Originally posted 23 July 2017
At the end of my time in Shenzhen, I wanted to reflect on the similarities between the city and my usual home of Singapore. There is no doubt that there are many similarities between the cities, and this is not accidental. For example, both are cities that have grown rapidly over a short period of time; both are migrant cities, where most people who live there are born elsewhere; both have experienced large and successful infrastructure development; both exist (or did exist) as relatively isolated, exceptional borderlands; both seem to combine elements of both capitalist and socialist development; both boast large garden or green zones within the city; both are havens for developers and architects seeking to create monumental projects (such as Marina Bay Sands in Singapore and the Vanke Centre in Shenzhen).
Jun Zhang has described how the first model for Shenzhen was its near-neighbour Hong Kong. Hong Kong capitalists and entrepreneurs of course played a significant role in the formation of Shenzhen not only by providing capital. But, especially through task-specific delegations sent to Hong Kong, the island also became an important site of policy learning for the Shenzhen government. By the end of the 1990s, however, it was clear that although Hong Kong’s economic liberalization was to be emulated, its politcal liberalization was perhaps not so desirable. By the first decade of the twenty-first century, then it was Singapore, rather than Hong Kong, that provided an appropriate model for the Chinese Special Economic Zone.
Singapore presented itself as a the most obvious example where economic success could be combined with more authoritarian politics. And, there is no doubt that both the central government and the local government in Shenzhen have attempted to learn and directly emulate the Singapore model. To take one example, my own institution, Nanyang Technological University, has trained hundreds of Chinese Communist Party officials in short-term management and public policy courses. Since 1998, it has offered masters programmes to Chinese government officials, especially mayors, apparently earning NTU the nickname, “overseas cadre school.”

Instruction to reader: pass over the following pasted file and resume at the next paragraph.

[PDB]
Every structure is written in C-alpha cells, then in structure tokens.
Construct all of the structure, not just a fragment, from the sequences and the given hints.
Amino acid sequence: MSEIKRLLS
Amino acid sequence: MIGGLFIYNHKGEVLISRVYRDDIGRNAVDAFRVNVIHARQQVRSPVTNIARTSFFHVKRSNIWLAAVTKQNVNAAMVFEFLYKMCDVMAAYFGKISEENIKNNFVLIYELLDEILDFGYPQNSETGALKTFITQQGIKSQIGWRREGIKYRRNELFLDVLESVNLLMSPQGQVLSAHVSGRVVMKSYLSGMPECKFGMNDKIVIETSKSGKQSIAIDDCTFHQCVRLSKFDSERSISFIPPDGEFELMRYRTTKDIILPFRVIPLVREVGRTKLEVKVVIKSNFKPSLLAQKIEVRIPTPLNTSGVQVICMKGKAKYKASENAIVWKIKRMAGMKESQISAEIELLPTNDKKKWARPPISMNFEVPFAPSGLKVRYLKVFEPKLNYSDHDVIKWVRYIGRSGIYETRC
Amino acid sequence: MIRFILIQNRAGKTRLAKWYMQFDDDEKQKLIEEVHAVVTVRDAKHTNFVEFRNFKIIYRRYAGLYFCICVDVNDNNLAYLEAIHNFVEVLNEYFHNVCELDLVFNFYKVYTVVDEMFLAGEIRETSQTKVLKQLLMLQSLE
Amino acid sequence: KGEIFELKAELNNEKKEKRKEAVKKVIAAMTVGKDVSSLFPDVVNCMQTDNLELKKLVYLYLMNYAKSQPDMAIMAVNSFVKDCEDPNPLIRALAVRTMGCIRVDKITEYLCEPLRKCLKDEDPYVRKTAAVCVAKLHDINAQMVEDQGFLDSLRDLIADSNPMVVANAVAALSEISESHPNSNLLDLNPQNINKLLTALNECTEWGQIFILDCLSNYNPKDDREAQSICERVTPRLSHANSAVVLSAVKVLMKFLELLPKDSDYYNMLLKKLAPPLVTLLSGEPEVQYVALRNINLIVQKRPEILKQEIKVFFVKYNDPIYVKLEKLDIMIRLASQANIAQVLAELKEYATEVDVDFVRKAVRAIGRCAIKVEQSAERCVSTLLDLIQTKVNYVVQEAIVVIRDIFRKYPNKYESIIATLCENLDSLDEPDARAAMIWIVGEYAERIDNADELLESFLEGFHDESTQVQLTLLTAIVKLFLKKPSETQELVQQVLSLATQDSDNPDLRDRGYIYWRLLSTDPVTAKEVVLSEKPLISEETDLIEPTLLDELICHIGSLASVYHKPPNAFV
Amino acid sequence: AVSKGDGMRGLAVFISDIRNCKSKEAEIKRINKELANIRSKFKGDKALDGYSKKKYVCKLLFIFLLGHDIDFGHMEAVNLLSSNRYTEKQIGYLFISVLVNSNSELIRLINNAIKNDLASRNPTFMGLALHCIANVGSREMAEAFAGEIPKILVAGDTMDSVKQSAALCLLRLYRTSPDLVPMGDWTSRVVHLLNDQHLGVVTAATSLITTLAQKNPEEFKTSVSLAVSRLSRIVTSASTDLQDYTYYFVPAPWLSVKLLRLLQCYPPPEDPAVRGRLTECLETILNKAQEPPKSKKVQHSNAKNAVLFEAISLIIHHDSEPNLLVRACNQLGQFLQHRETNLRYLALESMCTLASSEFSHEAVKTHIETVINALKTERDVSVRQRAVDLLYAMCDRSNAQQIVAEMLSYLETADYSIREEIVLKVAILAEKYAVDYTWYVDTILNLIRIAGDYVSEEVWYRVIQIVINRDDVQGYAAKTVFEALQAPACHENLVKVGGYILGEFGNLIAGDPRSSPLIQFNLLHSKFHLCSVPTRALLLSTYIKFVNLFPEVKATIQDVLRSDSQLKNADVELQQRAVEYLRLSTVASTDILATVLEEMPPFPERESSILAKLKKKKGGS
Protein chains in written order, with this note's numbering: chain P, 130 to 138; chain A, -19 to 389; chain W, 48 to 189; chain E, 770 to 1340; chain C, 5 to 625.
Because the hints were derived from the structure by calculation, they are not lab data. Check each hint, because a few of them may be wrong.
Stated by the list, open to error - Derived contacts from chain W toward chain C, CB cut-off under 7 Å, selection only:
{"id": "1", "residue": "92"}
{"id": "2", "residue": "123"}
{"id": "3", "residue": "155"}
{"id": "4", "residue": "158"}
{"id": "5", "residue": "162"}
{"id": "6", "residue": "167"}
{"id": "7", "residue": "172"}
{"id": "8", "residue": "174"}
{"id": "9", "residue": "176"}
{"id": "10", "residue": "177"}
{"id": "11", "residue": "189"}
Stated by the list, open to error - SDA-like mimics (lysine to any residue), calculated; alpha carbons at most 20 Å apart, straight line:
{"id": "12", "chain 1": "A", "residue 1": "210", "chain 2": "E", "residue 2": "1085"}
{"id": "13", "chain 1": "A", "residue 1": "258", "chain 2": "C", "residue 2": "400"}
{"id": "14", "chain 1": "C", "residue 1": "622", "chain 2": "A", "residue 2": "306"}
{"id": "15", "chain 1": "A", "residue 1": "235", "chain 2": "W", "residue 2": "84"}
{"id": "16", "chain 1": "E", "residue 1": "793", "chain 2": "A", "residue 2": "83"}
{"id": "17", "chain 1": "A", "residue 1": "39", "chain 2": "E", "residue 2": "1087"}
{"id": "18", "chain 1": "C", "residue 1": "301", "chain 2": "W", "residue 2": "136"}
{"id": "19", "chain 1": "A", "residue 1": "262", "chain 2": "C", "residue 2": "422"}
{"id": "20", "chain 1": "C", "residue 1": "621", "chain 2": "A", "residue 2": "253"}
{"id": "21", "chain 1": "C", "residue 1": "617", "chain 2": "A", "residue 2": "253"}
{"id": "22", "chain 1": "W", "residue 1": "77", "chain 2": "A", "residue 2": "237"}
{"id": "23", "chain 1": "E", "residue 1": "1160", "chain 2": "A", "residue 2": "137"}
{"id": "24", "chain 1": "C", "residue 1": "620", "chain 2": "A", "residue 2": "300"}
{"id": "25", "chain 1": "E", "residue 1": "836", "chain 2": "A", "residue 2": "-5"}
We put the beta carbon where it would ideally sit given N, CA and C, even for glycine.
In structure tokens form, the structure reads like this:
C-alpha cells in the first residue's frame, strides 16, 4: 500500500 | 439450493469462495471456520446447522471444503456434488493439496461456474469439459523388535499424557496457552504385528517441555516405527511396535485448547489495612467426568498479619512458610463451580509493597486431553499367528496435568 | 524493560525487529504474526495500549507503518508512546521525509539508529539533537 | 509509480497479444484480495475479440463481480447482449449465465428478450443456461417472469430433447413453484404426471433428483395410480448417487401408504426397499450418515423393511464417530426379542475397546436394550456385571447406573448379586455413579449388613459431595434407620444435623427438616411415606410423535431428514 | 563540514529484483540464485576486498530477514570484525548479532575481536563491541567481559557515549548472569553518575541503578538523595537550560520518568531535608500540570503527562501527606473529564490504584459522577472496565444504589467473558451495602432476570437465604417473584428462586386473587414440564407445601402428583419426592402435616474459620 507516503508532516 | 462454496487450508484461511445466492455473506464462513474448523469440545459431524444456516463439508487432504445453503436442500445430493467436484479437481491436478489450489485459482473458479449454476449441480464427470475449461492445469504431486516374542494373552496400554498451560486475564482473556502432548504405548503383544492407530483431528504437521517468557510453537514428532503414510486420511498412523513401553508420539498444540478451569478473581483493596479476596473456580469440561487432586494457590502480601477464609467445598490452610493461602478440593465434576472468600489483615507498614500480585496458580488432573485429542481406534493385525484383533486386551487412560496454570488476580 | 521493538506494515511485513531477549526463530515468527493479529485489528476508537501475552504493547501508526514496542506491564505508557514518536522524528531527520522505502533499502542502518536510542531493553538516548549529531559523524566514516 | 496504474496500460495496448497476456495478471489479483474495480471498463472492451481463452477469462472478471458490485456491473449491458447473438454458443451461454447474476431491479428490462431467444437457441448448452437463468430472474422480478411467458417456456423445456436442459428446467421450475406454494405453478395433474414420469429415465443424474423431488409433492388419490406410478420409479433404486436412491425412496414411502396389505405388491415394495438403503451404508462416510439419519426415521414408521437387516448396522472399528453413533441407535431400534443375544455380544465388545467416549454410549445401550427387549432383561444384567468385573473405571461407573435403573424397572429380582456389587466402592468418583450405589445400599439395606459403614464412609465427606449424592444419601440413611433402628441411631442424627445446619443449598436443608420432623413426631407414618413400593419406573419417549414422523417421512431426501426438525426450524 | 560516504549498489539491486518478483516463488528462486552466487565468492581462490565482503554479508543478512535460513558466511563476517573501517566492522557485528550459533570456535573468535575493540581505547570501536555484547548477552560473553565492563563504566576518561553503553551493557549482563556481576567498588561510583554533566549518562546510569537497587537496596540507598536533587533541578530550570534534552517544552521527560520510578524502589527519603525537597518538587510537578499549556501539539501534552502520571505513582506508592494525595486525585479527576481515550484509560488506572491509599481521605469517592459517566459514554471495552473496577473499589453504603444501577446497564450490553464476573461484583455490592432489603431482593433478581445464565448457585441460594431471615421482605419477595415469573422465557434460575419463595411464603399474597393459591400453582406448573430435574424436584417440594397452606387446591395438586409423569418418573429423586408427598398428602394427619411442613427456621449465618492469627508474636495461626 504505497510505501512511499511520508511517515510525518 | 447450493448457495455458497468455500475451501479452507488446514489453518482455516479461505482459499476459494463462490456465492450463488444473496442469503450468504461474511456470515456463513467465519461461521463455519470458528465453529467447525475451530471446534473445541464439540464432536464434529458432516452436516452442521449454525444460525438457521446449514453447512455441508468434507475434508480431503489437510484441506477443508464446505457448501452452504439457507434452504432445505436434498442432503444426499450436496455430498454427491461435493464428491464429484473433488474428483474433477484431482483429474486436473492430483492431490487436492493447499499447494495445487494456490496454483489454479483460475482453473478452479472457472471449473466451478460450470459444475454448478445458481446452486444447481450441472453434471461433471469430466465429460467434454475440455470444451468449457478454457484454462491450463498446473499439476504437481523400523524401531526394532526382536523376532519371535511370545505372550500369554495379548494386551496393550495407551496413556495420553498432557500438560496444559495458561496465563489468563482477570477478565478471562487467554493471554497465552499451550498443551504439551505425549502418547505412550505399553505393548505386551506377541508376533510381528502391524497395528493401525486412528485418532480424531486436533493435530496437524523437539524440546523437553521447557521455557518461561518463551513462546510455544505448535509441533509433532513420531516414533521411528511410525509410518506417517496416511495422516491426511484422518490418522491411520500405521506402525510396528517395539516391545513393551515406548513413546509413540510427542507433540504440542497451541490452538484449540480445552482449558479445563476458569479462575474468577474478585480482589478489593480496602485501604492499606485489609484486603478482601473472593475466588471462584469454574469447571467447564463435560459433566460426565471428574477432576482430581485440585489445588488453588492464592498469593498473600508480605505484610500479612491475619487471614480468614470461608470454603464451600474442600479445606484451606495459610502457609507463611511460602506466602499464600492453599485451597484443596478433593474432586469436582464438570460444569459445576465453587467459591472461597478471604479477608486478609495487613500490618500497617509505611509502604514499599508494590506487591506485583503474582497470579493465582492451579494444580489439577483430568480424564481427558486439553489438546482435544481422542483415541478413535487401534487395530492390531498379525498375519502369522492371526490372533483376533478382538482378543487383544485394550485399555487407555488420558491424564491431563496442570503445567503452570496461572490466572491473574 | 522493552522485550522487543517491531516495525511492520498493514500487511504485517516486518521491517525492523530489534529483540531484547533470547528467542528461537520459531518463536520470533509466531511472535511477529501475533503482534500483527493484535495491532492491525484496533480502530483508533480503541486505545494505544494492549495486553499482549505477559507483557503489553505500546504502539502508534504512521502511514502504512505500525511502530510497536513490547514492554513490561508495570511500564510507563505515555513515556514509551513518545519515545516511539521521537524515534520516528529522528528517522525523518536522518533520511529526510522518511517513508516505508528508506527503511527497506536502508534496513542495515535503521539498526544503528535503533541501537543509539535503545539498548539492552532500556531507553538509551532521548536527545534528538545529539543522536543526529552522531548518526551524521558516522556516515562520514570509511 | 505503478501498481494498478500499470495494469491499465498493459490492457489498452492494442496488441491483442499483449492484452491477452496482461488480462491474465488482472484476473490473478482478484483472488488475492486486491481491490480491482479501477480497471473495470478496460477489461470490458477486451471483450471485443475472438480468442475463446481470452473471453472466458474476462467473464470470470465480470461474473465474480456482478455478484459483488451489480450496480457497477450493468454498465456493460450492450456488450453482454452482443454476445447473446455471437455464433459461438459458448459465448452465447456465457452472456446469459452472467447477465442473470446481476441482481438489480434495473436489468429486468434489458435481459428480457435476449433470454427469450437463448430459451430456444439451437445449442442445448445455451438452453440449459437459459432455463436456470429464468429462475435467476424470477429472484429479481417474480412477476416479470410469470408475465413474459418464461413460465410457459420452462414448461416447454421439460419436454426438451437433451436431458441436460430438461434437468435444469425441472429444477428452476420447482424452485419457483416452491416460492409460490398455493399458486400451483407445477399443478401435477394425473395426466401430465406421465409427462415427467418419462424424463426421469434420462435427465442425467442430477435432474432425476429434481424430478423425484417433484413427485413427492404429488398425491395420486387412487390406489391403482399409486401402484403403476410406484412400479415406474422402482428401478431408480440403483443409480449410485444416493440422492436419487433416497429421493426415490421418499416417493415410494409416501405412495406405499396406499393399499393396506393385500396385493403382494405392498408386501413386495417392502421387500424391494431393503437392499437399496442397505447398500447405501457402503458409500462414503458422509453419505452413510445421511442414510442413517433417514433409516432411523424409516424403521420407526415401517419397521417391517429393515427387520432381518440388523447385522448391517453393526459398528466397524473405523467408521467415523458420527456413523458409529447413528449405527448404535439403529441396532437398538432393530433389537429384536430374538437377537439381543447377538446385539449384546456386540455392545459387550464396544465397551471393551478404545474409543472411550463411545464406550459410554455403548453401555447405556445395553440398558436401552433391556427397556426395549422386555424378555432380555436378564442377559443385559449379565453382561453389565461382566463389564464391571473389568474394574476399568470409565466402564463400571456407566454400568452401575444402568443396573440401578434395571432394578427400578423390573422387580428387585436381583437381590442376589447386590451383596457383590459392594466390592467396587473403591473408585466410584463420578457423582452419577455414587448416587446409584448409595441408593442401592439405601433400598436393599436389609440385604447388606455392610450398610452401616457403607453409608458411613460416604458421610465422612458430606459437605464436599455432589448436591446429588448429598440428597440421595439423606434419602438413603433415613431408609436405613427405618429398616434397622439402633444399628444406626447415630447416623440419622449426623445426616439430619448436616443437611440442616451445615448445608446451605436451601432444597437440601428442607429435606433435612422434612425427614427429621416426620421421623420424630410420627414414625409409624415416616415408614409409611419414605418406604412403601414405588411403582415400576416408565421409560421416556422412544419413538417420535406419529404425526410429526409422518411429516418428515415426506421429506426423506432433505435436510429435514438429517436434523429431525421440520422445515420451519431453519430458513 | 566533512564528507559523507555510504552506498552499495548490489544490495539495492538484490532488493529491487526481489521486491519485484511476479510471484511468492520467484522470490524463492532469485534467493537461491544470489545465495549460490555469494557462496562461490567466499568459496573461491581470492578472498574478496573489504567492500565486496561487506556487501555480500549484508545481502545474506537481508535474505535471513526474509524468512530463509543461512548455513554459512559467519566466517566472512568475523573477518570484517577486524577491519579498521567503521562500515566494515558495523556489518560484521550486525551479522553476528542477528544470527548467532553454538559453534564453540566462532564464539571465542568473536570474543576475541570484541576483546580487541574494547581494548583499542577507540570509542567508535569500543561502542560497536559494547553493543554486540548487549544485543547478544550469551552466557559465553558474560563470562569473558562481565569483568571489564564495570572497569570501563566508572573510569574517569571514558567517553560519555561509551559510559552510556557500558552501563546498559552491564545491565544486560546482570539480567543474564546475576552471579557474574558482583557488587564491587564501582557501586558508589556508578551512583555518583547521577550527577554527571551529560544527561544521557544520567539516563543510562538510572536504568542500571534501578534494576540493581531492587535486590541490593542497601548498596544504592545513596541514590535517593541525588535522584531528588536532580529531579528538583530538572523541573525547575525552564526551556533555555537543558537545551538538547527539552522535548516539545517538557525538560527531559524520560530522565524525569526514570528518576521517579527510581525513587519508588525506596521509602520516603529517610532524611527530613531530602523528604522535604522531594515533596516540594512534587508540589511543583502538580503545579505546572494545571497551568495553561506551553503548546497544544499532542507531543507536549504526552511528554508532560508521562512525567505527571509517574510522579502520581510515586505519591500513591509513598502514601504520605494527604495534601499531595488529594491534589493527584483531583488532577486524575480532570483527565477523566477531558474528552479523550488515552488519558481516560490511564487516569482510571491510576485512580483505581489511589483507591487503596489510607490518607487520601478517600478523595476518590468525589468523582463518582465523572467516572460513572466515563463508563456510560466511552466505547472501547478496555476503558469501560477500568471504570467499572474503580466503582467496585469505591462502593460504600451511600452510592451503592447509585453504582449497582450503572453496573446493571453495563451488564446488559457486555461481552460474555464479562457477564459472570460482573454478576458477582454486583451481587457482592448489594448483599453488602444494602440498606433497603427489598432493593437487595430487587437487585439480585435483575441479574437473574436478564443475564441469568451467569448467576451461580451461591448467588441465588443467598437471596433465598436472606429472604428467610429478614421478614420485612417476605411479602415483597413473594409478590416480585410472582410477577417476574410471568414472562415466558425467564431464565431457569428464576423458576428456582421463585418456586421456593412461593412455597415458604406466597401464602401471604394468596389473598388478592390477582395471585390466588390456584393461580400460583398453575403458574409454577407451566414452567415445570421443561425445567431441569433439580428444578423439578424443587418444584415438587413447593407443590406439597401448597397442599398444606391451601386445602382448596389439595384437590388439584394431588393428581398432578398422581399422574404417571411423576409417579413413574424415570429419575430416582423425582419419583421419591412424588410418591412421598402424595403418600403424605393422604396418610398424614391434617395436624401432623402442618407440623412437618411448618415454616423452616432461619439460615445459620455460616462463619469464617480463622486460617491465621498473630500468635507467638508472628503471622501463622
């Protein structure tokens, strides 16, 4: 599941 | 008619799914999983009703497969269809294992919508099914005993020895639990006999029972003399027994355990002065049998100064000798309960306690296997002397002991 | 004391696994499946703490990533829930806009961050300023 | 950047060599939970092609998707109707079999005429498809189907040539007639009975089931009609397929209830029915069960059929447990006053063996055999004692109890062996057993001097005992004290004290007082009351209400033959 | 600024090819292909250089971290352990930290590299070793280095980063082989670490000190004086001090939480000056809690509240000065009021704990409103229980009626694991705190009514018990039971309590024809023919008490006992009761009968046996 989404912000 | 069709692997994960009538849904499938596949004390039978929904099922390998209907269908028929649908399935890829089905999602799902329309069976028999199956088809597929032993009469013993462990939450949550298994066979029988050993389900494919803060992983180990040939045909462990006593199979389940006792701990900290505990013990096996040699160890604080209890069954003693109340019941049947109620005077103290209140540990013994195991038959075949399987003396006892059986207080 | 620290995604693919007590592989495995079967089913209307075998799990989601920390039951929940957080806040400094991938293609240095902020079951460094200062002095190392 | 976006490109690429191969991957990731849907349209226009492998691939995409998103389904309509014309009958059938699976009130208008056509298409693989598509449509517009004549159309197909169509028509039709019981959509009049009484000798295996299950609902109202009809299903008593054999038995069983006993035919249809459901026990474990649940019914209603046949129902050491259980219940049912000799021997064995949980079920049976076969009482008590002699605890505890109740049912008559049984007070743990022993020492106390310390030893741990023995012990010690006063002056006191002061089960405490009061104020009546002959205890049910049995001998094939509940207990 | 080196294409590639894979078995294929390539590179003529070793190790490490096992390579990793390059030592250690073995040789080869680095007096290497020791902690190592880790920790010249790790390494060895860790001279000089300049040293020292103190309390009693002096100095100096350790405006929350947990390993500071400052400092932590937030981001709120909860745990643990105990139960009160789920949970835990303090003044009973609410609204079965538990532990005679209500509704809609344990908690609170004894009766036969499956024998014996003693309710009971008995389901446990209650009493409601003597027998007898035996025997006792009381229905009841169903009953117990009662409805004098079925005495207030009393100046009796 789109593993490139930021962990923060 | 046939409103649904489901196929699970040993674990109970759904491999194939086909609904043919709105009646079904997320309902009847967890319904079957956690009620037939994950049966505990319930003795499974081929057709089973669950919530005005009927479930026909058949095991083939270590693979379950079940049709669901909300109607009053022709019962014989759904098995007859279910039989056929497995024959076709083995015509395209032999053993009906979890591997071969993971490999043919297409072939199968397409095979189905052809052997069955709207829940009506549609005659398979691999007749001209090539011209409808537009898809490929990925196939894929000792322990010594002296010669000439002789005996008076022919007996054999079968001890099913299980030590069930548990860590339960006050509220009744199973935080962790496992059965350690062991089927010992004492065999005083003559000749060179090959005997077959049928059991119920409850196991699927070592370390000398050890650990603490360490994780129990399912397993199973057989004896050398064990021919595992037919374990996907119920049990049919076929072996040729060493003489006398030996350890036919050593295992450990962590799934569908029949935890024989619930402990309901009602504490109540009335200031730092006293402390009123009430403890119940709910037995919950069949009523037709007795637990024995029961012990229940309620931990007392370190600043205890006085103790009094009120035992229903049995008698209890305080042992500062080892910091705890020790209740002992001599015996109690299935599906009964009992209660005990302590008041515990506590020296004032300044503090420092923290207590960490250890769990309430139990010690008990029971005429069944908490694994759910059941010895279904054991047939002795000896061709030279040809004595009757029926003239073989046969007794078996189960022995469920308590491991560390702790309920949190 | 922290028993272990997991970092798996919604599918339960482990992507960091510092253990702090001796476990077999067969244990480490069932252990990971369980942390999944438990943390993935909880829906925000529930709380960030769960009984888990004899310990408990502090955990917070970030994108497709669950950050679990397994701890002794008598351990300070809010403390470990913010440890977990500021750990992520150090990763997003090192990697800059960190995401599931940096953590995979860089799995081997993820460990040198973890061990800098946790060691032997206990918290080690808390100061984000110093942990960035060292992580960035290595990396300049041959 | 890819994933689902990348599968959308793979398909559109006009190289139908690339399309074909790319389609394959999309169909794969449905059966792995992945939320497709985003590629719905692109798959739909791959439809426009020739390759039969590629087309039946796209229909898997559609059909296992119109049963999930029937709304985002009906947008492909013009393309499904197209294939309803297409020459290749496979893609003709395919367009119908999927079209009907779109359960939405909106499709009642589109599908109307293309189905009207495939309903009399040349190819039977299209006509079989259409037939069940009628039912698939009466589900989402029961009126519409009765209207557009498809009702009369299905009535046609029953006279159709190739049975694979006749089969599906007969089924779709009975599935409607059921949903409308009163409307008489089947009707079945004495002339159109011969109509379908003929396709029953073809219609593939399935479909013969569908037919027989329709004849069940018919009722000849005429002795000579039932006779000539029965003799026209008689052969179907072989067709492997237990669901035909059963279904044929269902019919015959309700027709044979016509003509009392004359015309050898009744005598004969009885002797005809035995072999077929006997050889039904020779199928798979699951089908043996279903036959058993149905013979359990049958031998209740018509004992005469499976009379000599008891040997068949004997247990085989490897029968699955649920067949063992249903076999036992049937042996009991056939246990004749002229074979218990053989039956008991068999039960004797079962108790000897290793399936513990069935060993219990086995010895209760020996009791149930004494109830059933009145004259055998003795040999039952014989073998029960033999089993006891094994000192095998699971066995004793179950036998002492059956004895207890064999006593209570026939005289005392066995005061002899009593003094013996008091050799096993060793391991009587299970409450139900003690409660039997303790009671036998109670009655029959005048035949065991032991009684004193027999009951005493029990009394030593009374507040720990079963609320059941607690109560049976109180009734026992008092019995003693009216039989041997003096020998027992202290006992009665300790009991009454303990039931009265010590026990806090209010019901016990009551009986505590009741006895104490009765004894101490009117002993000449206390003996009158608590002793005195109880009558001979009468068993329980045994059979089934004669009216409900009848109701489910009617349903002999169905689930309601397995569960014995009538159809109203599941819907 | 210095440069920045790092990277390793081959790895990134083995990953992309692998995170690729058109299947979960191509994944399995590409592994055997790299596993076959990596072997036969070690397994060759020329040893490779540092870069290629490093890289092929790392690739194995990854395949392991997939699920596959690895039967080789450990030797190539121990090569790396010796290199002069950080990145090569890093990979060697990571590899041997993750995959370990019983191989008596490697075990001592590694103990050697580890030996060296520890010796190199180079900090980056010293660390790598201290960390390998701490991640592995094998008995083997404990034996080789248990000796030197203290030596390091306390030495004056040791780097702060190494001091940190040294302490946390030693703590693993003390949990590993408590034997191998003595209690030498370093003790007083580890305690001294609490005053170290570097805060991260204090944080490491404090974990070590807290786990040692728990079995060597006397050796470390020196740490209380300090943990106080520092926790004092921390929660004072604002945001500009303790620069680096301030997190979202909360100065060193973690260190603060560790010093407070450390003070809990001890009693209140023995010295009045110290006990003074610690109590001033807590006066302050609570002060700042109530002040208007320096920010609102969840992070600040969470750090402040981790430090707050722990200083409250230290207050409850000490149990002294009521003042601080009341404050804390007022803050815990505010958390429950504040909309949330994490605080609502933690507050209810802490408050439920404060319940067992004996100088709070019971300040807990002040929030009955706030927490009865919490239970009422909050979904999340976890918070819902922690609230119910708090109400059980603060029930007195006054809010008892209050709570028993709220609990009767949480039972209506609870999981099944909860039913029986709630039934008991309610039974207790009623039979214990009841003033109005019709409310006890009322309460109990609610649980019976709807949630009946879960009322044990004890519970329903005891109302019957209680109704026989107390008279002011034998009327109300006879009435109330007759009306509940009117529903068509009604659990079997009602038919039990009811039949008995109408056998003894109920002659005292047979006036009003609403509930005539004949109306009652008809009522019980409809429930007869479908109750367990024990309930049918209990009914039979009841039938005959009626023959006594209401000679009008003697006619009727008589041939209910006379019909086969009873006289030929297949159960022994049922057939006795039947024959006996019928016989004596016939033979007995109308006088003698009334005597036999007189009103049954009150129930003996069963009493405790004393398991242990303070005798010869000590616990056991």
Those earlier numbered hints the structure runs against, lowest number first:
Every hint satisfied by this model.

There are many aspects of how this has played out (in urban planning, in politics, in economic policy, etc.) that deserve more attention. As a historian, however, one aspect of the similarity between the two cities intrigues me particularly: that is the mobilization of history and origin stories in the making of Singapore and Shenzhen.
Singapore, as it is often presented, was a mere “Malay fishing village” before Stamford Raffles showed up in 1819 and transformed it into a vibrant imperial entrepot of the British empire. But even into the 1960s, according to many accounts, most of Singapore remained dirty, malaria-ridden, poor, swampy, and backward. It was, according to the dominant narrative, the People’s Action Party government that, after independence, transformed the city into the thriving, rich, global metropolis that it remains today. The government created a modern state and a modern city replete with modern infrastructure, a modern education system, modern legal system, and so on (although for interesting counternarratives see this, for example).
Likewise, Shenzhen’s history is often told as “no history at all.” It too, curiously, supposedly arose from a set of mere “fishing villages” that sat in Bao’an county, adjacent to Hong Kong. It follows that it was the communist government, particularly Deng Xiaoping, who created the Special Economic Zone and hence the city itself from nothing, or almost nothing. Again, it was supposedly the sheer force of political will that shaped the city into a modern, thriving metropolis it is today. As with Singapore, there is a much more complex and nuanced story to be told — although, to my knowledge, very little of it has been documented. The now-Shenzhen area included hundreds of villages, who had a rich history of interaction with Hong Kong. There was a county seat at Nantou that existed since the early Qing. There were dozens of Hakka settlements, some of which still exist.
For both cities, what are the stakes of telling these “rags to riches” stories? For one thing, they place the respective governments at the center of the story. In both cases, these stories seem to attribute much of the credit for success of the cities to the PAP and the Chinese Community Party. Such tales celebrate the power of the state, which is seen to create something out of nothing, almost miraculously, and almost overnight (hence the celebration of “Shenzhen speed”).
But such histories of no-history are also ways of remaking people. The people who did exist in such spaces before are relatively unimportant in such stories. In Singapore, this is tied to ethnicity — it is the “Malays” who are displaced. In both cases, it is “fisherpeople” — a moniker tying them to sea, not land. The place is thereby constructed as tabula rasa (or, like Australia, terra nullius): effectively empty. The cities, and their citizens, are therefore free to be made into something new, free of any existing traditions or customs.
In both cities, this history (or more accurately, a displacement of history) serves distinct political purposes in creating a place and a people that can look only towards the future, that celebrates newness and speed and innovation, and that needs to be “make itself out of nothing,” to be “self-made,” and continue to look to the state as a source of inspiration for direction.